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Flattening the Curve: Pilates in 2020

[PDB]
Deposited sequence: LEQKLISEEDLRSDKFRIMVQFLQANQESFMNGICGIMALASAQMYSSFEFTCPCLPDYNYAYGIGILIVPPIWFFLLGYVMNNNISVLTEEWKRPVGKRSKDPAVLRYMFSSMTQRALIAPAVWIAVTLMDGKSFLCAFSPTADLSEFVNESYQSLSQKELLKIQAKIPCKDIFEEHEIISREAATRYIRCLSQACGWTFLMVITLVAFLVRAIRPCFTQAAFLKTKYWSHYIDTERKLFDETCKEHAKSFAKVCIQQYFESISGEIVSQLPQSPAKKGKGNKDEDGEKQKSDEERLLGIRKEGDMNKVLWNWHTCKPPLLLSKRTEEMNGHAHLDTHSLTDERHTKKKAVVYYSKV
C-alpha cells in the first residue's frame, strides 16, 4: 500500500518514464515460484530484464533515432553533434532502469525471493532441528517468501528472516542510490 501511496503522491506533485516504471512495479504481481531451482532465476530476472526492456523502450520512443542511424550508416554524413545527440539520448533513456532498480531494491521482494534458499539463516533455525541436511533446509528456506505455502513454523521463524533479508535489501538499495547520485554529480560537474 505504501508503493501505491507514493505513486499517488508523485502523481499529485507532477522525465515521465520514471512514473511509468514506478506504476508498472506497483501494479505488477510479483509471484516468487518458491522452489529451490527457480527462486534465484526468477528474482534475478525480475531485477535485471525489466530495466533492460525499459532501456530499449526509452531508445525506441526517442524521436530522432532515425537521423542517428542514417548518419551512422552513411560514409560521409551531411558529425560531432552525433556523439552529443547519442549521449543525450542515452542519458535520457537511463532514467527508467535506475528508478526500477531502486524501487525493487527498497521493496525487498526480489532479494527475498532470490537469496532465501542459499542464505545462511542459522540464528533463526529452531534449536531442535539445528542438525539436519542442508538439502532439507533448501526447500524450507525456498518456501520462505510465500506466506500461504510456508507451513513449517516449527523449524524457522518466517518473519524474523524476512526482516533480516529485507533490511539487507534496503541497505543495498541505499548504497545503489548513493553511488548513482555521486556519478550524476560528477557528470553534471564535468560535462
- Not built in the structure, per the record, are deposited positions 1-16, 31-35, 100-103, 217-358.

The Coronavirus, a pandemic responsible for infecting hundreds of thousands of people in more than 130 countries has changed our world. The death toll is devastating. Covid-19 has caused a new norm of working from home, Zoom meetings, social distancing, sheltering in place and the expression “flattening the curve.” It refers to the projected number of people who could contract this horrific virus. Obviously, we want to flatten this number. However, the expression is not new at all. Joseph Pilates was revolutionary in the fitness world. His method, now more than a hundred years old, is taught all over the world. His exercises are used by physical therapists, personal trainers, and coaches. Some of these professionals may not even realize what they are teaching is based on one man’s invention. Yes, he was a genius and he used the expression “flattening the curve.” No Joe did not have a crystal ball. Even though he lived through the Spanish Influenza of 1918, he didn’t know that Covid-19 would decimate his beloved New York City and the world around it. In fact, during that devastation a hundred years ago, Pilates used his breathing system and his exercise method to help prevent people around him from contracting that terrible flu. But that is not what I want to talk about. The curve Joe Pilates was referring to, was the spine. Today, just as the Coronavirus brought a new normal to our world, there are many people trying to change Mr. Pilates system of exercise stating that the flat-back position Joe taught was dangerous. They want you to work in what is referred to as a neutral position. However, neutral allows each person to exercise in the spinal position they come to the studio with. This means that nothing in the body changes. What Pilates wanted to do and did with all his clients was work toward a healthy long spine when lying supine. He had sound reason for doing so. There is, for example, strong correlations between a person with an upright healthy spine that has the natural curves God intended and a person who slouches. The person hunched over is reducing space in the body for the vital organs therefore impeding the proper function of the lungs, heart, kidney, and liver. Joseph Pilates also wanted his students to have a stable core, which he called “The Powerhouse.” To achieve this, the person must have strong abdominals and be able to properly articulate the muscles surrounding the spine. This requires decreasing over-curvatures such as hyper-lordosis, hyper-kyphosis, and scoliosis which all impair daily function and eventually lead to severe pain. He worked on correcting, reconditioning and eventually maintaining the spine in a more functional placement not only when exercising but while completing daily movements. This is what he wanted to achieve when he discussed flattening the curve. Joseph Pilates wrote and talked a lot about the spine. As we see how today things are changing around us, we must understand that when Mr. Pilates conceived his methodology, the world he lived in was quite different from our own. There were no computers and cell phones — phrasing was different too. We have to keep this in mind when we interpret his work. He knew the mechanics of the body and was not referring to people with normal curvature of the spine. He did not literally mean a flat spine and was referring to how we visually see someone standing. Is the head hanging forward? Are the shoulders rounded? Are the hips behind the pelvis? These and many other conditions are considered poor posture. In our modern world these postural imbalances are on the rise. Furthermore, positions such as arching of the lower back, hips in front of the pelvis or other spinal imbalances occur when there is little to no control of muscles. Holding the spine upright and elongated requires proper abdominal control. Unfortunately, critics of Mr. Pilates’s original work are just uninformed. The spinal position Pilates talked about was not static or contracted as some people interpret it to be. When the student lies on the mat or carriage of the reformer the following should occur. 1.) The pelvis should be pulled away from the rib cage creating length. 2.) There should be a gravitational energy that equally works the abdominal wall and the back muscles which activates the transverse abdominus and the obliques which attach to the thoracolumbar fascia creating what can be referred to as the body’s natural girdle. Consequently, this activates the abdominals and stabilizes the lumbar spine allowing for safer, more effective movement. These are the points that are instrumental in allowing someone practicing traditional Pilates to control their body. While exercising, the spine is capable of moving in all planes of motion which allows for flexion, extension, rotation, and side bending of the spinal column. As the exercises begin to bring the head, neck and legs into play, the navel is brought in toward the spine to truly activate the deep abdominal muscles (transverse abdominis) as the body works in a “C” curve. This would not be possible if the lower spine were off the mat as it would be with people with hyper-lordosis. Further, the abdominals would not be able to fire, and the lumbar spine would be required to withstand too much compression. No strength would be gained, and pain would result. Working the way Pilates taught is deeper and allows the person practicing the method to fully trigger the whole Powerhouse and not just the rectus abdominus known as the “six pack abs,” which are popular to show off on Instagram but alone will not allow for proper movement patterns. Traditional Pilates teaches stabilization. This is crucial for people with Ehlers-Danlos Syndrome, people who struggle with proper balance, athletes, dancers, people with Parkinson’s disease, and well, frankly, everyone. So, what does the phrase “flat back” truly mean? It simply refers to the lengthening of the spinal column while exercising. This then helps us to bring our spine into a healthy upright position. We cannot have the strength to hold our spine upright while standing without abdominal strength. A lot is changing in our world. We are surrounded by uncertainty. There is a lot we need to work together to change, but the Pilates method is tried and true. It does not need to be altered. It just needs to be understood. We need proper spinal health for overall well being in our bodies. Keep in mind healthy people are more likely to successfully combat disease. Aligning your spine by working on reducing poor postural habits is what Joseph Pilates was talking about because he understood the importance of stability, core strength and overall well being. So, let’s work together to “Flatten the Curve” during this Pandemic. Please stay home and join one of our virtual Pilates classes to strengthen your Powerhouse and stay well.